About This Drug
Trabectedin is used to treat cancer. It is given in the vein (IV)
Possible Side Effects
- Bone marrow depression. This is a decrease in the number of white blood cells, red blood cells, and platelets. This may raise your risk of infection, make you tired and weak (fatigue), and raise your risk of bleeding.
- Trouble breathing
- Decreased appetite (decreased hunger)
- Nausea and throwing up (vomiting)
- Loose bowel movements (diarrhea)
- Constipation (unable to move bowels)
- Swelling in your legs, ankles, and/or feet
- Changes in your liver function
- Change in your kidney function
Note: Each of the side effects above was reported in 20% or greater of patients treated with trabectedin. Not all possible side effects are included above.
Warnings and Precautions
- Fever, which can be in the setting of decreased white blood cells and put you at an increased risk of infections, which can very rarely be life-threatening
- Changes in your liver function which can very rarely cause liver failure
- Changes in the tissue of the heart and congestive heart failure, which can very rarely be life-threatening. Some changes may happen that can cause your heart to have less ability to pump blood.
- Rhabdomyolysis- damage to your muscles which may release proteins in your blood and affect how your kidneys work. You may have severe muscle weakness (lack of muscle strength).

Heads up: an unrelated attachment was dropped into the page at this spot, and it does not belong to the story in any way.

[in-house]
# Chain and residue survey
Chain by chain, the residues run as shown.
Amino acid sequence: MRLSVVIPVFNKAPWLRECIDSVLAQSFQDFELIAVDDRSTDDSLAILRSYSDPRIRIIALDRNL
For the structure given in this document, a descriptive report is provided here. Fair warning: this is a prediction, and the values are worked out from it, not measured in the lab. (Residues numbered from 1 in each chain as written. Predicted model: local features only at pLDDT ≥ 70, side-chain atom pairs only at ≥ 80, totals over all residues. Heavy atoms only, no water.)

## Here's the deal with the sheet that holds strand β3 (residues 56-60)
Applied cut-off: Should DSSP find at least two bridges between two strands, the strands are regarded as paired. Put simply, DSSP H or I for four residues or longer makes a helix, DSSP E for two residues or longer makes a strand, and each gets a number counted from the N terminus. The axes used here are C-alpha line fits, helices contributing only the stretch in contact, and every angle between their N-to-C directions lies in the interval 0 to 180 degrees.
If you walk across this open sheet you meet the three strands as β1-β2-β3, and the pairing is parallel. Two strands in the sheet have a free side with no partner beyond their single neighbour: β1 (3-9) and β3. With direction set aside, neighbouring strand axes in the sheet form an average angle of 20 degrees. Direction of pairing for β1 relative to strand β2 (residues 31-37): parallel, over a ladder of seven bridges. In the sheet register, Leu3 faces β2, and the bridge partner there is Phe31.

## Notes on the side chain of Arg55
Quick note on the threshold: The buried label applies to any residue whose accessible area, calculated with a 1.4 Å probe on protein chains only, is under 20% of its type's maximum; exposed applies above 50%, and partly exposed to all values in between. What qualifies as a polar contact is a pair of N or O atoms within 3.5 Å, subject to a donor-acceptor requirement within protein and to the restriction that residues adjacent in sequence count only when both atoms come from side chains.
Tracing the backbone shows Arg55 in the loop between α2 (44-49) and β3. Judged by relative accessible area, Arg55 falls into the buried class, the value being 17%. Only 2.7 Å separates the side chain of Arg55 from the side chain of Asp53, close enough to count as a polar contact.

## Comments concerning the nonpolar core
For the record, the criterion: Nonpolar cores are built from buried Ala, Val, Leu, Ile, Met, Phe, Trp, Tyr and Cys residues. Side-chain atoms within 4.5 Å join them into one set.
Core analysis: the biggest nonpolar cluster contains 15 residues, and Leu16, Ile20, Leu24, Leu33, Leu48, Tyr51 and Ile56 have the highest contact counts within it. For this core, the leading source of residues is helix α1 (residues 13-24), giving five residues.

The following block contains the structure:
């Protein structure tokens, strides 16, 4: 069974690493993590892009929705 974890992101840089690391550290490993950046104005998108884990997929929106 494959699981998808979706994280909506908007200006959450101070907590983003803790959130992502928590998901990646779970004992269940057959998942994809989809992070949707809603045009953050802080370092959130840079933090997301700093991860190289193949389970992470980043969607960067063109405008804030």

- A syndrome where fluid from your veins can leak into your tissues and cause a decrease in your blood pressure and fluid to accumulate in your tissues and/or lungs
- Skin and tissue irritation including redness, pain, warmth, or swelling at the IV site if the drug leaks out of the vein and into nearby tissue. Very rarely it may cause tissue necrosis (death).
Note: Some of the side effects above are very rare. If you have concerns and/or questions, please discuss them with your medical team.
- This drug may be present in the saliva, tears, sweat, urine, stool, vomit, semen, and vaginal secretions. Talk to your doctor and/or your nurse about the necessary precautions to take during this time.
Treating Side Effects
- Manage tiredness by pacing your activities for the day.
- Be sure to include periods of rest between energy-draining activities.
- To decrease infection, wash your hands regularly.
- Avoid close contact with people who have a cold, the flu, or other infections.
- Take your temperature as your doctor or nurse tells you, and whenever you feel like you may have a fever.
- To help decrease bleeding, use a soft toothbrush. Check with your nurse before using dental floss.
- Be very careful when using knives or tools.
- Use an electric shaver instead of a razor.
- To help with decreased appetite, eat small, frequent meals.
- Eat high caloric food such as pudding, ice cream, yogurt and milkshakes.
- Drink plenty of fluids (a minimum of eight glasses per day is recommended).
- If you throw up or have loose bowel movements, you should drink more fluids so that you do not become dehydrated (lack water in the body from losing too much fluid).
- To help with nausea and vomiting, eat small, frequent meals instead of three large meals a day. Choose foods and drinks that are at room temperature. Ask your nurse or doctor about other helpful tips and medicine that is available to help or stop lessen these symptoms.
- If you get diarrhea, eat low-fiber foods that are high in protein and calories and avoid foods that can irritate your digestive tracts or lead to cramping.
- Ask your nurse or doctor about medicine that can lessen or stop your diarrhea and/or constipation.